In a speech announcing her 2020 candidacy for president, Senator Amy Klobuchar (D-MN), said she would take the necessary action to bring down the high cost of prescription drugs, including insulin.
Senator Klobuchar told the story of Minnesotan Alec Raeshawn Smith, who lived with diabetes and died tragically because he couldn’t afford the insulin he needed to stay alive. Smith’s mother, Nicole Smith-Holt, who has been sharing her son’s story with the media, was present at the speech. Senator Klobuchar said, “Last week my guest to the State of the Union, who is here again with me today, was Nicole Smith-Holt. Nicole’s son Alec, a 26-year-old restaurant manager from the southern suburbs, aged off his parents’ health insurance. Three days short of his payday, Alec, a diabetic, wasn’t able to afford his insulin. He tried rationing it to save money. Tragically it didn’t work. He died. This disgrace should never have happened in the United States of America. Not with a simple drug that’s been around for nearly a century. The obstacle to change? The big pharma companies think they own Washington. Well they don’t own me. And they don’t own Nicole.” [See Twin Cities Pioneer Press for the full text of the speech.]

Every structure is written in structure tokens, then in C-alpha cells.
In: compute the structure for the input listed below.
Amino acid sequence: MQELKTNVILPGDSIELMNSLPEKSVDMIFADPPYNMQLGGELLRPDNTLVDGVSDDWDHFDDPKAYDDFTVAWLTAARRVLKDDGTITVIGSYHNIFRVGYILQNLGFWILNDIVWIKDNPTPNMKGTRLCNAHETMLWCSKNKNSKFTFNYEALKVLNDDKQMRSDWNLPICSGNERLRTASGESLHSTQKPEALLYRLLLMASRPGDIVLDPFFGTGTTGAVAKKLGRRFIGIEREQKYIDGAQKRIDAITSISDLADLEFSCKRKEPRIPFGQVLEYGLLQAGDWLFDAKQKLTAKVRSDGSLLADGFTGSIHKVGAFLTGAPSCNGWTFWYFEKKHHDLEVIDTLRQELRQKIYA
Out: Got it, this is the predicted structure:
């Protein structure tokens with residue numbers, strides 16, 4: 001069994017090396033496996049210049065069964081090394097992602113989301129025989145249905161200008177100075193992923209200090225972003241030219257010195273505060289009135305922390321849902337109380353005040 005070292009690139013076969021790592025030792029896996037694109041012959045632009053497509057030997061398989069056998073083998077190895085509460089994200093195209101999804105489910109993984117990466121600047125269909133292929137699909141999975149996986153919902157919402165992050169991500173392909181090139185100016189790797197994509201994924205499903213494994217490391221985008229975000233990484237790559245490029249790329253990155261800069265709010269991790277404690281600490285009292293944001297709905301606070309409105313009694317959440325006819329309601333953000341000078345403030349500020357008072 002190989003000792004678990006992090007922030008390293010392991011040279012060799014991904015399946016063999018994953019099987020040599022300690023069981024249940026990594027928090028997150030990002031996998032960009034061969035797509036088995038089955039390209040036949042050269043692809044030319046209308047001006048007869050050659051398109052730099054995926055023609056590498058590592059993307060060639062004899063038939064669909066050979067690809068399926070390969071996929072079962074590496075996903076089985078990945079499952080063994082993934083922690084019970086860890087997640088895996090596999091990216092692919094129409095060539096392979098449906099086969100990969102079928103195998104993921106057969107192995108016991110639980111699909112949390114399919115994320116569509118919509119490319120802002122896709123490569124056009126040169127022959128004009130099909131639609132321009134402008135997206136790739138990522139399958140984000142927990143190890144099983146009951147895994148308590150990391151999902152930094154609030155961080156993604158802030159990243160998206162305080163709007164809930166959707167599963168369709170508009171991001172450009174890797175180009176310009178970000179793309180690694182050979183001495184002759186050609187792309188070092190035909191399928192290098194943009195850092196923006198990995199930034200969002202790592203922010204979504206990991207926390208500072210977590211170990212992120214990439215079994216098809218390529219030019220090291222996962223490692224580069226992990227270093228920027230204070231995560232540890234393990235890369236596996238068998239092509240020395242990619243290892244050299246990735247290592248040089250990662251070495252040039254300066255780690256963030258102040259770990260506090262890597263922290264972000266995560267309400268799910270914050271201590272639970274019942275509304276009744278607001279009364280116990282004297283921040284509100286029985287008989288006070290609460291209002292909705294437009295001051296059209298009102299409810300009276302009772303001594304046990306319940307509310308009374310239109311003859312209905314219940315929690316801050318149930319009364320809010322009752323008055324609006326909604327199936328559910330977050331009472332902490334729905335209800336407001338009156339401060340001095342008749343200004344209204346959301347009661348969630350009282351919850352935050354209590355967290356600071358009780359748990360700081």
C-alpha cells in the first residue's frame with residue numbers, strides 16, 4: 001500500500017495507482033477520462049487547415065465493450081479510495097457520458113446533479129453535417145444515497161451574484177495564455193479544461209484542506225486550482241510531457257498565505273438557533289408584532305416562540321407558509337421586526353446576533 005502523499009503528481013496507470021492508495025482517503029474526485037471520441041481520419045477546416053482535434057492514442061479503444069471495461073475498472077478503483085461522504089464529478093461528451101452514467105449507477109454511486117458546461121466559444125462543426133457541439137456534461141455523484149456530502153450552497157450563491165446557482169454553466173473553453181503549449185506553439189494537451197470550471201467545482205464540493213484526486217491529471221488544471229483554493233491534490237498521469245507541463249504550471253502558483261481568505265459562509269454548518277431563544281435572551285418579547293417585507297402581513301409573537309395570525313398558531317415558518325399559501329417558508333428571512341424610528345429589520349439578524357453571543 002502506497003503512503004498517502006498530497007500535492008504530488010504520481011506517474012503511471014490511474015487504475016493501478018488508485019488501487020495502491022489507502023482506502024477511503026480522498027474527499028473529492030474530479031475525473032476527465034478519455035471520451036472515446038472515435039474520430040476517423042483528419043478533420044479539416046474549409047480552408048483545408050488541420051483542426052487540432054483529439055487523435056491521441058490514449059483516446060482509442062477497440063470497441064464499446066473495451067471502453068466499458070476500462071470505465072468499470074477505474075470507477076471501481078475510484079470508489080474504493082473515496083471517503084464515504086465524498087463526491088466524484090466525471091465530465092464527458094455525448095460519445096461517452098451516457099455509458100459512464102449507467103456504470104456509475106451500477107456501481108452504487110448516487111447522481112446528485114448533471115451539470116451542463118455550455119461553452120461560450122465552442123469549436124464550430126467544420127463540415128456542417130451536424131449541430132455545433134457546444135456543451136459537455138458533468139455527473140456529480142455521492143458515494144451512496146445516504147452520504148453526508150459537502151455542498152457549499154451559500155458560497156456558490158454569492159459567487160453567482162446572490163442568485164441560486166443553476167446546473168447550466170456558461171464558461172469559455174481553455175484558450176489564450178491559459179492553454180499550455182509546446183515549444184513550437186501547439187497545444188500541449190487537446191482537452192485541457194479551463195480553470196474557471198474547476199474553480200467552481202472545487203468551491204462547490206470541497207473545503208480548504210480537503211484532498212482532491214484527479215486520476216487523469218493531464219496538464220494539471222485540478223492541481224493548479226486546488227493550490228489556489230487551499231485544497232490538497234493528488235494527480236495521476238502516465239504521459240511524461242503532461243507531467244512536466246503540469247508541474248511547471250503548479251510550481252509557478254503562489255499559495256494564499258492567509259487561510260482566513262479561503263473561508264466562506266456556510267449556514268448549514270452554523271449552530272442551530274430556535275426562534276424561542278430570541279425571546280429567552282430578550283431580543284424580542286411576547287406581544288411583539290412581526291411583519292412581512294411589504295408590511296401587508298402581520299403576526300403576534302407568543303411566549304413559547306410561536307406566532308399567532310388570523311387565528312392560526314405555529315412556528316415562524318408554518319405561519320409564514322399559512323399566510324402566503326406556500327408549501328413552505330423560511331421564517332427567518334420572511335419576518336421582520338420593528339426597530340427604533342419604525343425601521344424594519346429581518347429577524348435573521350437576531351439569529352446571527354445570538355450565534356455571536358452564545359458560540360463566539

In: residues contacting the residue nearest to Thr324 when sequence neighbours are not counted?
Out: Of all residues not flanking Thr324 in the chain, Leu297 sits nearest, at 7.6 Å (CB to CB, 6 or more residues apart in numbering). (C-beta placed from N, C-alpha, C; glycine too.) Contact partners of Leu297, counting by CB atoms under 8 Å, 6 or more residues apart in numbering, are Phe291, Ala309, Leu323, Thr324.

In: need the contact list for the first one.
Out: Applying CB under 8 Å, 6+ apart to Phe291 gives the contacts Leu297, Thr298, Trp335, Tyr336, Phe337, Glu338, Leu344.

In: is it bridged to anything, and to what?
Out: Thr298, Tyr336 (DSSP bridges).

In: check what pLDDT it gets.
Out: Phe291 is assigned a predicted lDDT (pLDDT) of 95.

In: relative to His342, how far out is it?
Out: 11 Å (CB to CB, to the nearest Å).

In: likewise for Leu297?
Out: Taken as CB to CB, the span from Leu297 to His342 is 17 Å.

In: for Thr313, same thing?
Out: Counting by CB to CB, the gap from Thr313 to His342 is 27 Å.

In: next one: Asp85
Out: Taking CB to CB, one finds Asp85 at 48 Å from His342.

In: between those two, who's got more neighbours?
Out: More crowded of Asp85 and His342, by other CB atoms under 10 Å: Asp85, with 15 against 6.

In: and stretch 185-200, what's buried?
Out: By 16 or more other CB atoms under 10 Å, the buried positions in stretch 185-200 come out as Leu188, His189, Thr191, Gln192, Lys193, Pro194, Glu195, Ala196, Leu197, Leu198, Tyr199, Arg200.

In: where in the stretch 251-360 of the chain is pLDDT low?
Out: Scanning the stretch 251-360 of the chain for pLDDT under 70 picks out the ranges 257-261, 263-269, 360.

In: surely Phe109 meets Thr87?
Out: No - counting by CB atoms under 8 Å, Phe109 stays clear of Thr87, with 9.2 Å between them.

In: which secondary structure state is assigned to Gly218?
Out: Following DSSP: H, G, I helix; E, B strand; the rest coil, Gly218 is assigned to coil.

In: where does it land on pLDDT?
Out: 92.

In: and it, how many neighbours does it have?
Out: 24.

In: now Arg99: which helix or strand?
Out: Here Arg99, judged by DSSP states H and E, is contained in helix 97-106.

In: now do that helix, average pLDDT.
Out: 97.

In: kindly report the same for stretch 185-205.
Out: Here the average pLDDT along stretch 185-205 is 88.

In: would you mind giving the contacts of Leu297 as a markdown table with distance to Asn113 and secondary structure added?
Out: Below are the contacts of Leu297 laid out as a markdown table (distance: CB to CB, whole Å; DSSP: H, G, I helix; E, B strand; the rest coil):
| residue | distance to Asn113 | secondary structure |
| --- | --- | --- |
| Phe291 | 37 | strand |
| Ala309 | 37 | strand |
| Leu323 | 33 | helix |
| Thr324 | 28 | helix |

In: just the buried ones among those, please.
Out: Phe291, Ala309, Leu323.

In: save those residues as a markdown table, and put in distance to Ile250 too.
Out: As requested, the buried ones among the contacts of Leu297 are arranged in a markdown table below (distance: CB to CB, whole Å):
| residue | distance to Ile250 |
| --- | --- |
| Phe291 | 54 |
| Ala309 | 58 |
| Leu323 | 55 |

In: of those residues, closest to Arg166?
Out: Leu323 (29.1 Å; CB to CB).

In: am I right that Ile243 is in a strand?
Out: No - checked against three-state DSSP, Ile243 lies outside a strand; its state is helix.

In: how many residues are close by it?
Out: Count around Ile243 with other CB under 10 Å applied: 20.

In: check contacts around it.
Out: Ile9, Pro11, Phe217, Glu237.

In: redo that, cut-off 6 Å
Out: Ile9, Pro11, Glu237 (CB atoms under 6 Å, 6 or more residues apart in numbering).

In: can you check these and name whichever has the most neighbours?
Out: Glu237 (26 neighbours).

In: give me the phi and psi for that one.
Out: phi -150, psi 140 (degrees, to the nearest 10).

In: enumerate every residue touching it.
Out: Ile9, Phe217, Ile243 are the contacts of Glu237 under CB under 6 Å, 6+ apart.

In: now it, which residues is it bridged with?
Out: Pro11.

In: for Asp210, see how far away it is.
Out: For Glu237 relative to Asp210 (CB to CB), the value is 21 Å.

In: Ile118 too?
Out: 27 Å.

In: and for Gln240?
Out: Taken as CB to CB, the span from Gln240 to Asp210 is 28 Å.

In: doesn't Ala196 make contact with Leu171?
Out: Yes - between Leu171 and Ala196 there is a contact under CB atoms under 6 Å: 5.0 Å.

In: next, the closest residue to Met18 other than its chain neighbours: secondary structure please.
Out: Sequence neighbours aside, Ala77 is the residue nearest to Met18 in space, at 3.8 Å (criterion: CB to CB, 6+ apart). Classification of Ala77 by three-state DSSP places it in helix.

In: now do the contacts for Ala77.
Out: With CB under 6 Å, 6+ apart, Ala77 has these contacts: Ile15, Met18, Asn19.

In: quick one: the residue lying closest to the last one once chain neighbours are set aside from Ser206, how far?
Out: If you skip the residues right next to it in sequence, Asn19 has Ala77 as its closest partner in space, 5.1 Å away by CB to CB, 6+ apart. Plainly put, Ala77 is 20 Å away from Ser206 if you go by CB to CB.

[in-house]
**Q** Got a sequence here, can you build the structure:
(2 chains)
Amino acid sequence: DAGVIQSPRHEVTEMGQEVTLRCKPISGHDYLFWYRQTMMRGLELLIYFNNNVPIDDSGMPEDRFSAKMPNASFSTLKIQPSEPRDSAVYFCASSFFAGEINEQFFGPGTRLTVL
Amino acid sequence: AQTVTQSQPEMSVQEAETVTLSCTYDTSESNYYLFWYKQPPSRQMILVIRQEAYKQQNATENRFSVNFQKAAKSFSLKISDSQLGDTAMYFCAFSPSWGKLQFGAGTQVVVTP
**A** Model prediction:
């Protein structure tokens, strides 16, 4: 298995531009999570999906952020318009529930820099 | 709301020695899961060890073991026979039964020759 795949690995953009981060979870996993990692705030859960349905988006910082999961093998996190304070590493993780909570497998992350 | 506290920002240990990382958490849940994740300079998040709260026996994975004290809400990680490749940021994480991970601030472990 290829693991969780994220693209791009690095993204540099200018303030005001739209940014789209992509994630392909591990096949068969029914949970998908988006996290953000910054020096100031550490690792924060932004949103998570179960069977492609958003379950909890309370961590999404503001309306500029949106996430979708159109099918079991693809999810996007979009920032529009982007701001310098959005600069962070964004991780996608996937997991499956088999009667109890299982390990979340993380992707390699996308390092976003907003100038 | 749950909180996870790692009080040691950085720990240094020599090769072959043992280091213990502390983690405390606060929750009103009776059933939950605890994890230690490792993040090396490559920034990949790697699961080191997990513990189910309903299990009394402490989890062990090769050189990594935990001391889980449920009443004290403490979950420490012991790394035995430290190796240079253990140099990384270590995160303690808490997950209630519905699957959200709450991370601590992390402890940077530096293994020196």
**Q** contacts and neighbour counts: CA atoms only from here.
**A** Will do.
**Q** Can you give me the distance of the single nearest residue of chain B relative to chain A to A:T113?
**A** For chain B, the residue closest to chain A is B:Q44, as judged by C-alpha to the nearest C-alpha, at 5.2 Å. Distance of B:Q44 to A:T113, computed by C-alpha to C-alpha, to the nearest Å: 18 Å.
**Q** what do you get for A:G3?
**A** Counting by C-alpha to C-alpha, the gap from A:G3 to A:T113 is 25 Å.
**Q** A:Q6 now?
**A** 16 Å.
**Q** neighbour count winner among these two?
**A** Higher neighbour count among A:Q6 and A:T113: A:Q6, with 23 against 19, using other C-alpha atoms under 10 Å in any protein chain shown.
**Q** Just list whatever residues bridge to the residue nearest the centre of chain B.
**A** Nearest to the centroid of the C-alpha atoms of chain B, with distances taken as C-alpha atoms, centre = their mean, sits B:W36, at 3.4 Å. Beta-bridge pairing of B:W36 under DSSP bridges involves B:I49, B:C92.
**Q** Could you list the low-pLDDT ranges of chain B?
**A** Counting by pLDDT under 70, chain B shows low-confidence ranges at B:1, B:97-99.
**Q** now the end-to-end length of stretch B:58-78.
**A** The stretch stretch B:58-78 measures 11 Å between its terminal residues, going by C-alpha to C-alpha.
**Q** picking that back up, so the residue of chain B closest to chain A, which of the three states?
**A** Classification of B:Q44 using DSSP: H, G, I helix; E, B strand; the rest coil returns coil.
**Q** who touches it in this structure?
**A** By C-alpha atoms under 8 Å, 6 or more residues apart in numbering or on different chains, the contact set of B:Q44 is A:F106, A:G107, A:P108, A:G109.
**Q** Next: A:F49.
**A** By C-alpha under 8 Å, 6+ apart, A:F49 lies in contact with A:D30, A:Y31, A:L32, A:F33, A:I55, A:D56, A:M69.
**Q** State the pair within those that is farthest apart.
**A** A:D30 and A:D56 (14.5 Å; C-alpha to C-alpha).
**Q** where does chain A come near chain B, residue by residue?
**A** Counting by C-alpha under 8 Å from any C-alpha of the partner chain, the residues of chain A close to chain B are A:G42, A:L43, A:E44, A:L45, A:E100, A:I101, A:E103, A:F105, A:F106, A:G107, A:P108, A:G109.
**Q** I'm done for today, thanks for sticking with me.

Insulin prices have been increasingly rising out of control and proportion; in 20 years the costs have climbed 1123%, while U.S. inflation stayed around 56%. People with insulin dependent diabetes in most income brackets are deeply struggling to pay for this life-sustaining medication, which can range from hundreds to thousands of dollars a month.
Why is insulin so expensive in America? The short answer is… we don’t know.
The pharmaceutical manufacturers have pointed their fingers at Pharmacy Benefits Managers (PBMs) and at health insurance companies while claiming that the price the manufacturers charge has little to do with what patients pay at the pharmacy window. Another factor is that many insurance plans and PBMs receive rebates that are based on the reimbursement price and the price along the distribution route. However, the price that the manufacturers charge is the starting point.
Not curing type1 diabetes seems to be making alot of people rich.